Yet another Thanksgiving is in the books. Millions will hit the stores for black Friday deals, hoping to get the best Christmas presents at the lowest cost. Others will lounge and continue to digest the food from yesterday.
Photo courtesy of Pixabay.
There is nothing inherently wrong with Christmas shopping. Aside from the potentially polarizing commercialization of Christmas, there is something fun and enjoyable about buying gifts for others. Some may long for a more traditional, focused, and quiet holiday season, while others enjoy the hustle and bustle of door-busting sales, colorful bows, and piles of wrapping paper.
For those that struggle to be present, however, the Christmas season can be tough. It seems there is always something on the calendar. Another dinner, another play, another choir concert. Likewise, the act of purchasing presents for others inherently rests in a future event. We buy the gift now, and anticipate giving it in the near future. Therefore, presents are not always conducive to presence.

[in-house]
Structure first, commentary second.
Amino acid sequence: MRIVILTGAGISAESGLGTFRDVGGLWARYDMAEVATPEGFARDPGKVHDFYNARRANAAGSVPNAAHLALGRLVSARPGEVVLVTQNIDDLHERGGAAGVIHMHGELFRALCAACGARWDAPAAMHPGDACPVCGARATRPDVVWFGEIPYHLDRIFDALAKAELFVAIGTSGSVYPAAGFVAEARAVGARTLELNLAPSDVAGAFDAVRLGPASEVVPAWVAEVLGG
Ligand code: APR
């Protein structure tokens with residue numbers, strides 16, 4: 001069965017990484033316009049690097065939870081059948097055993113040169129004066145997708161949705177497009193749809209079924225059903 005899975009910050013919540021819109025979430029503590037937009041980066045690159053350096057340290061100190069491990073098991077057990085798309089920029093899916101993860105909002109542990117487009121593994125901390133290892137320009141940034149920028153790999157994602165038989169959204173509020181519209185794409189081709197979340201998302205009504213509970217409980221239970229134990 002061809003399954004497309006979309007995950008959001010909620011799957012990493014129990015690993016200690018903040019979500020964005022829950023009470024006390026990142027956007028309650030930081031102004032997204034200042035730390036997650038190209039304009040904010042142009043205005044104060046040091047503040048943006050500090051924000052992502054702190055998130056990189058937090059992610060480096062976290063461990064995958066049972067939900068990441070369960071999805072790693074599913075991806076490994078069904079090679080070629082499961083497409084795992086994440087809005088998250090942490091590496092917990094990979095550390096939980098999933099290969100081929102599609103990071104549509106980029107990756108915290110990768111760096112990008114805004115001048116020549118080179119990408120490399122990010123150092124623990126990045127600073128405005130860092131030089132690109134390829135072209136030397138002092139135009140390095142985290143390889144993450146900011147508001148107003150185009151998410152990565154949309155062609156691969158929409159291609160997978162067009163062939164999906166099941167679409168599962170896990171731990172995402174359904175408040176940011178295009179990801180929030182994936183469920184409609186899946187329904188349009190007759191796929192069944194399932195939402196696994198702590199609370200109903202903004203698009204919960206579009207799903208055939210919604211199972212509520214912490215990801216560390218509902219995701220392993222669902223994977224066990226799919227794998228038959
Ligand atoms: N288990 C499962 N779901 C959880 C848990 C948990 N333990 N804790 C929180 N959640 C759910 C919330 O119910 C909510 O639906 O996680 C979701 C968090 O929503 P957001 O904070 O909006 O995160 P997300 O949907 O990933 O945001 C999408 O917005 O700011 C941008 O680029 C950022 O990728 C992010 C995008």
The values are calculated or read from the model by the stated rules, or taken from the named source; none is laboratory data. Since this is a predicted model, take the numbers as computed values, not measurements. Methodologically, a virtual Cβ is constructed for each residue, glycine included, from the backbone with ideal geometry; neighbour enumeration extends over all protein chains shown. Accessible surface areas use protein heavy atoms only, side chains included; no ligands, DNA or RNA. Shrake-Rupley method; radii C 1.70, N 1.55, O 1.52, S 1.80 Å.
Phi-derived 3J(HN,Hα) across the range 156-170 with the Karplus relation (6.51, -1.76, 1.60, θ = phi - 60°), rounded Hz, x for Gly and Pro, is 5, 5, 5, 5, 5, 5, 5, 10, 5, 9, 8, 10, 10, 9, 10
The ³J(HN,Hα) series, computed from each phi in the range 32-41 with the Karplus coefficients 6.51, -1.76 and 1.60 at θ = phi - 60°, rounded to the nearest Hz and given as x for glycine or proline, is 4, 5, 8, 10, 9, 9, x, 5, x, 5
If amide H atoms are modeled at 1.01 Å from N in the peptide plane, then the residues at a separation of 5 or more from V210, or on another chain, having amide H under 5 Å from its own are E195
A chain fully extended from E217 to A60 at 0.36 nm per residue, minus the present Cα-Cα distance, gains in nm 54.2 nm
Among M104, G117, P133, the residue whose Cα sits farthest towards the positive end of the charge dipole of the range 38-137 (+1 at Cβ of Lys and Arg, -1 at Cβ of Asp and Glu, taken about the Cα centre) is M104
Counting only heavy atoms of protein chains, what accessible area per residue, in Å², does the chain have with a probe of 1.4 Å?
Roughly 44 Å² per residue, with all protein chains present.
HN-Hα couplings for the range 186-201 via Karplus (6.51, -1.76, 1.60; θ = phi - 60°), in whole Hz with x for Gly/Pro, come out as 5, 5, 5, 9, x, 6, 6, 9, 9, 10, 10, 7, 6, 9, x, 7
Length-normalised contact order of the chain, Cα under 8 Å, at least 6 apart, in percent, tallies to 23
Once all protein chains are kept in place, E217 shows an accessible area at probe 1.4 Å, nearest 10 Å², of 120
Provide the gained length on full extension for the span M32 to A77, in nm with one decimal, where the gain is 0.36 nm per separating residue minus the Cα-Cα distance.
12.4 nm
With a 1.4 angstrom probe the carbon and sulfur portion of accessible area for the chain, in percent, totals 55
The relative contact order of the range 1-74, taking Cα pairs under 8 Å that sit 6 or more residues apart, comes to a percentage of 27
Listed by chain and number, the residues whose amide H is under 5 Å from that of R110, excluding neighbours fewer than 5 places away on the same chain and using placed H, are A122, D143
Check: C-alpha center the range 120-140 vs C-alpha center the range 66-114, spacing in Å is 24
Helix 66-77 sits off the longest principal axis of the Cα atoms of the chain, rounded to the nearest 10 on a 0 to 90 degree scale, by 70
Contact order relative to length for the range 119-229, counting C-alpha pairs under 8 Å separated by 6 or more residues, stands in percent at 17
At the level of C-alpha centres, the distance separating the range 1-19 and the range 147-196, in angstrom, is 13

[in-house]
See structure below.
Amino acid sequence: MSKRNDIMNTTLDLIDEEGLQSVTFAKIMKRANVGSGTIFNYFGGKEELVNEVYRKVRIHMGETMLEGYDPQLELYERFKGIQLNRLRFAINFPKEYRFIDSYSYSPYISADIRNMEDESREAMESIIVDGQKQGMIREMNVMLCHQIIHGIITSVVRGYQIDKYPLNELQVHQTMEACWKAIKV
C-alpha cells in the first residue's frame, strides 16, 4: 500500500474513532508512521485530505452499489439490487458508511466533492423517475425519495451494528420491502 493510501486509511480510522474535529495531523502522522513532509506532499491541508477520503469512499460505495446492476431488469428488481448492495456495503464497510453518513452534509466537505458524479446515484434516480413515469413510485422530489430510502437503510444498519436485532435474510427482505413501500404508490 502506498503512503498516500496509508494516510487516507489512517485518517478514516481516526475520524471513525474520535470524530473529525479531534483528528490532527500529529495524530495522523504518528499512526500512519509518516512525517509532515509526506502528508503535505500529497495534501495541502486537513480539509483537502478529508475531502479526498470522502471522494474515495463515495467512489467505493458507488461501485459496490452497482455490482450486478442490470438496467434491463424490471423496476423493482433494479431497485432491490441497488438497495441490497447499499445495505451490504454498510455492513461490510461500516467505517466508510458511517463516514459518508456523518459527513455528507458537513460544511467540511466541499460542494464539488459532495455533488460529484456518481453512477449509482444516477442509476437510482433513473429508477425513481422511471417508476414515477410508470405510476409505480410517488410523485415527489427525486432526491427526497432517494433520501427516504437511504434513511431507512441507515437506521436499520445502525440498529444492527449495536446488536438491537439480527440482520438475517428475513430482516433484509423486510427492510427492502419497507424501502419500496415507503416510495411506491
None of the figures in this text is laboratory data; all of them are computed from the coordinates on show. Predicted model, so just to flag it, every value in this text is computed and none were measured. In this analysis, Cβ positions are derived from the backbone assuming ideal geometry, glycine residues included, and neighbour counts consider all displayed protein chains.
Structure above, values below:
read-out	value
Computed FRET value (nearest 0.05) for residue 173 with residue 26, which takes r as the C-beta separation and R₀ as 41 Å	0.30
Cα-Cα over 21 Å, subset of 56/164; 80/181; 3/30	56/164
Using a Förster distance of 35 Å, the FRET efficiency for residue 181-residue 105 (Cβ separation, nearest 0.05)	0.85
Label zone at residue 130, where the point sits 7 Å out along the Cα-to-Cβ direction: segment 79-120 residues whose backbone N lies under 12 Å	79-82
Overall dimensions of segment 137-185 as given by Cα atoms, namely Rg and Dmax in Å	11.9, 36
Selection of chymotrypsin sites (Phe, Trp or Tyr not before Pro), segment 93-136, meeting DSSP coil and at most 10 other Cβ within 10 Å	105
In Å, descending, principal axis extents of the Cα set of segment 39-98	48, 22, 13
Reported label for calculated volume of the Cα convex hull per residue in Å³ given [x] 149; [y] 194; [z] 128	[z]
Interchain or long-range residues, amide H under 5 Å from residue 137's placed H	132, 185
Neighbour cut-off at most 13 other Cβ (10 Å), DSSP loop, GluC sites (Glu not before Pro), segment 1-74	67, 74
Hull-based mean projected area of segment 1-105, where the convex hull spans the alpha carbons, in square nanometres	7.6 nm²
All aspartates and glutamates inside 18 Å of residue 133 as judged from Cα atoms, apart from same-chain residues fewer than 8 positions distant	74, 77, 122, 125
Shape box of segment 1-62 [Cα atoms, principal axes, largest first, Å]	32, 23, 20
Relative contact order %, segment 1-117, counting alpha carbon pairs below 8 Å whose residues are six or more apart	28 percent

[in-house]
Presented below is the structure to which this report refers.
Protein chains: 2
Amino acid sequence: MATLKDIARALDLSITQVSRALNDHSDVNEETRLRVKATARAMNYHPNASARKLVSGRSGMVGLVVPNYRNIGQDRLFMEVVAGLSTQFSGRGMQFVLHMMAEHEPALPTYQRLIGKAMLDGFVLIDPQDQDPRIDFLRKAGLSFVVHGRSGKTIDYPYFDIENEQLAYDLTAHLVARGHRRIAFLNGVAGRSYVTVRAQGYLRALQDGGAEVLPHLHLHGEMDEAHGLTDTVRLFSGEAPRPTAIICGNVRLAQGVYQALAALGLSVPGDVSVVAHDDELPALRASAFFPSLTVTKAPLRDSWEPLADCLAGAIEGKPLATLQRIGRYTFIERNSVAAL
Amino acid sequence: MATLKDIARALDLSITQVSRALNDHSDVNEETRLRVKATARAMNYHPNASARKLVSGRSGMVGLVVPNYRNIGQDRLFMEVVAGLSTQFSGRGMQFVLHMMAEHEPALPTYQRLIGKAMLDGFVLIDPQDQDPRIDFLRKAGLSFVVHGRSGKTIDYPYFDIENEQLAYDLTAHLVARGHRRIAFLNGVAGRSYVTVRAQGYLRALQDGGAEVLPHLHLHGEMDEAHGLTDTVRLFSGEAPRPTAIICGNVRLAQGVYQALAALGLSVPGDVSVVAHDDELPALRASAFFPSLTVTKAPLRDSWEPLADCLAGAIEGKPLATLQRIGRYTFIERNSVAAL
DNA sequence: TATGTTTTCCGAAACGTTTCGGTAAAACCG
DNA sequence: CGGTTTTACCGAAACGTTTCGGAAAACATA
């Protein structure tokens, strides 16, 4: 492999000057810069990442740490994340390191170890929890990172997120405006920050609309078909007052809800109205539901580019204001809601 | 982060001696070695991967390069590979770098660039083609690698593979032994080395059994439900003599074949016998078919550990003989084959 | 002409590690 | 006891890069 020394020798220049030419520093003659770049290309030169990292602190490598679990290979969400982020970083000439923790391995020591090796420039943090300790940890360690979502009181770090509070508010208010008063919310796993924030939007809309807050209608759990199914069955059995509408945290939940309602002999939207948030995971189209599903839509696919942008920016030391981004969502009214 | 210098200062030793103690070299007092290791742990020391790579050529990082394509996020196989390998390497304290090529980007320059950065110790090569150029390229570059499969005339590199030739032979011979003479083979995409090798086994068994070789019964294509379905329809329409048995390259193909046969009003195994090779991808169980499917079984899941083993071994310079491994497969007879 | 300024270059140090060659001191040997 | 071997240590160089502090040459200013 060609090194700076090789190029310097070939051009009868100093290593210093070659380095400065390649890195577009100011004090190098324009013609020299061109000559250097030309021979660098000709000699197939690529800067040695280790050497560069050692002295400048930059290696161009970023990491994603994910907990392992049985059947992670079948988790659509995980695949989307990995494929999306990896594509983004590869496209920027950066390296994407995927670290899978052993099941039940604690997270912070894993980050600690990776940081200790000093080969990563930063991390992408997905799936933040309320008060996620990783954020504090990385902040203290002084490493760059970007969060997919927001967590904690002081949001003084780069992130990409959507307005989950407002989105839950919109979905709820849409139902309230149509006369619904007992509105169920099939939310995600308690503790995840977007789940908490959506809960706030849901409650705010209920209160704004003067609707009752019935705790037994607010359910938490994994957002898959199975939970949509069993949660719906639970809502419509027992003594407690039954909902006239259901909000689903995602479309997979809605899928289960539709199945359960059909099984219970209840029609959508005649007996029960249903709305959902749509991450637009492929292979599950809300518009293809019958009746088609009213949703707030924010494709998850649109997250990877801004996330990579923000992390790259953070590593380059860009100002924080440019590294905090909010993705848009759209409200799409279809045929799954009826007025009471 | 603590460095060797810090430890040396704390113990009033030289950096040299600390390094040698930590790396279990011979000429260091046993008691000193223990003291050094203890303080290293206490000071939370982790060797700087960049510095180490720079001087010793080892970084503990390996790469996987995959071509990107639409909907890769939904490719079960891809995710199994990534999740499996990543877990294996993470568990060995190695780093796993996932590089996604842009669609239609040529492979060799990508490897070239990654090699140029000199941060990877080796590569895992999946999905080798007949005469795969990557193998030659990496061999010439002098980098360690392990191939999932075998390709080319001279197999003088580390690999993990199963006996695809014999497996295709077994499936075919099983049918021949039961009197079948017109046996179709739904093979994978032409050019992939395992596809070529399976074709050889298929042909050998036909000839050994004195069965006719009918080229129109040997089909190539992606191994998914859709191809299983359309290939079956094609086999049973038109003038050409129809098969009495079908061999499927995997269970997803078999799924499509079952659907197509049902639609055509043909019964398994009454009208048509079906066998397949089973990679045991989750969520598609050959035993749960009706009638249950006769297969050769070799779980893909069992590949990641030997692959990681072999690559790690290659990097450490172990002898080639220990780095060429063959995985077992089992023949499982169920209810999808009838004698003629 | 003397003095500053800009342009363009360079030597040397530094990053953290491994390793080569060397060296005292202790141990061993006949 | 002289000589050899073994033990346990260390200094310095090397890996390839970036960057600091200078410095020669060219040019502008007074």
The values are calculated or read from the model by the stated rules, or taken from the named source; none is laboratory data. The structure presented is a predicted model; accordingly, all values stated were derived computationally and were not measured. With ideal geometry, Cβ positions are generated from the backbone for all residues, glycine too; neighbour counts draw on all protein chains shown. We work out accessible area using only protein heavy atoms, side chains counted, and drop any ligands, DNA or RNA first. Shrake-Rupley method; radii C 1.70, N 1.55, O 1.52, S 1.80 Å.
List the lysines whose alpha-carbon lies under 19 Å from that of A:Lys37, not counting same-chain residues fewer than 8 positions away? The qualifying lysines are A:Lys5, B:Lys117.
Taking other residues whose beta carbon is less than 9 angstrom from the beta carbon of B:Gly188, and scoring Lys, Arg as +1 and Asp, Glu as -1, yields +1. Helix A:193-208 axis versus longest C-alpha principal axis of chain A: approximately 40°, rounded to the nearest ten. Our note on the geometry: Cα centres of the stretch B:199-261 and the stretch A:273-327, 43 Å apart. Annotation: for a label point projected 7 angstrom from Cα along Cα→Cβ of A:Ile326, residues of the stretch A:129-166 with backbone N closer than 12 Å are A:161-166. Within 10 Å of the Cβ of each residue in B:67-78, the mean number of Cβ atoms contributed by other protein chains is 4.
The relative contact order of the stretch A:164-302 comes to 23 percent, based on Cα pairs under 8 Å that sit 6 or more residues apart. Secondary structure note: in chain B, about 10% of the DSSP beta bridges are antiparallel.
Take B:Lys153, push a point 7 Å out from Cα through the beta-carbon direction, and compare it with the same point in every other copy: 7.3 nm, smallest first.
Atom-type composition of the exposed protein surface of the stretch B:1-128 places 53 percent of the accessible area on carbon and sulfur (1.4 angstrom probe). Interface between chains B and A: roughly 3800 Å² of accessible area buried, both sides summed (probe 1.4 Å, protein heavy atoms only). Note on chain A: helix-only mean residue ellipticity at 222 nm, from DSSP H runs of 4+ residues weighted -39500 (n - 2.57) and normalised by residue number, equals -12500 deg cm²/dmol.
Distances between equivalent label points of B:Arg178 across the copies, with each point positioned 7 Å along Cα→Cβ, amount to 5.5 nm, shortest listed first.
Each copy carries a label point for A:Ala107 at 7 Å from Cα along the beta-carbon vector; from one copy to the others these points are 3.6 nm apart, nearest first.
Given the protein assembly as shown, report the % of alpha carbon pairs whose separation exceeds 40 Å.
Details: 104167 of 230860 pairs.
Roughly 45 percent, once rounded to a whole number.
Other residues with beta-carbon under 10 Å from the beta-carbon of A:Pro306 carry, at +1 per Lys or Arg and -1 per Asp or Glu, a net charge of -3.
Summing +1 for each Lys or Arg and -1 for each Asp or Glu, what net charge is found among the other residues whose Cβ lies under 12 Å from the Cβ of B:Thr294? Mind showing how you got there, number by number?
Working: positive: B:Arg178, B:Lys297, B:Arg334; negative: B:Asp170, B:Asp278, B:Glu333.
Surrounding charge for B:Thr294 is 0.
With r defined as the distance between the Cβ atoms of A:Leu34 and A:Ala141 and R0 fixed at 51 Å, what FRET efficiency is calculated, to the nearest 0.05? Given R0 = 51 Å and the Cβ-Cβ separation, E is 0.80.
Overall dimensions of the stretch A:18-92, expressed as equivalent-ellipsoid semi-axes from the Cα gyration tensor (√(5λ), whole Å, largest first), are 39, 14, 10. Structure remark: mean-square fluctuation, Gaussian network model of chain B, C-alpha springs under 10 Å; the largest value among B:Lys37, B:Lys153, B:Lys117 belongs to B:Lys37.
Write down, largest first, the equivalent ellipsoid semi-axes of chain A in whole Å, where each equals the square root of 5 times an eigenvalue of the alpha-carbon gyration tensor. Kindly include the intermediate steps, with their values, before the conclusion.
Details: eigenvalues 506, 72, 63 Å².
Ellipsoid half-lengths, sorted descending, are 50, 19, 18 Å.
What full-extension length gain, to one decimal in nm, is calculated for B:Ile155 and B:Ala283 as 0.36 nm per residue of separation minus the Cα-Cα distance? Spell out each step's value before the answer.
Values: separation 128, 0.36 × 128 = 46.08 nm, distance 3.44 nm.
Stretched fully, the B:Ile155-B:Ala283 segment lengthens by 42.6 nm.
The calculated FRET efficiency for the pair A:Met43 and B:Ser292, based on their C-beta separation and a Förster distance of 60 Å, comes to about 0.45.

While online shopping continues to grow in popularity, there is still an element of being outside the moment when it comes to clicking to “Add to Cart.” Buying presents necessitates some level of absence, in either body or mind. As of 9am on November 29th, 2019, CNBC estimates online sales were up 19% from last year, with black Friday totals expected to exceed $7 billion.
To clarify, I am not anti-gifting giving and try not to be too much of a scrooge.
I do it difficult to be present in the moment, however. Various proactive and reactive techniques help to keep me rooted in the present. For example, square breathing and candles works for me in the proactive, and grounding tends to help in the reactive.
This Christmas, take time to be present while giving presents. Enjoy moments, because time is one gift you can exchange, but never return for a refund. Once time is spent, it is gone. Above all, it is the ultimate non-renewable resource.
Use it wisely.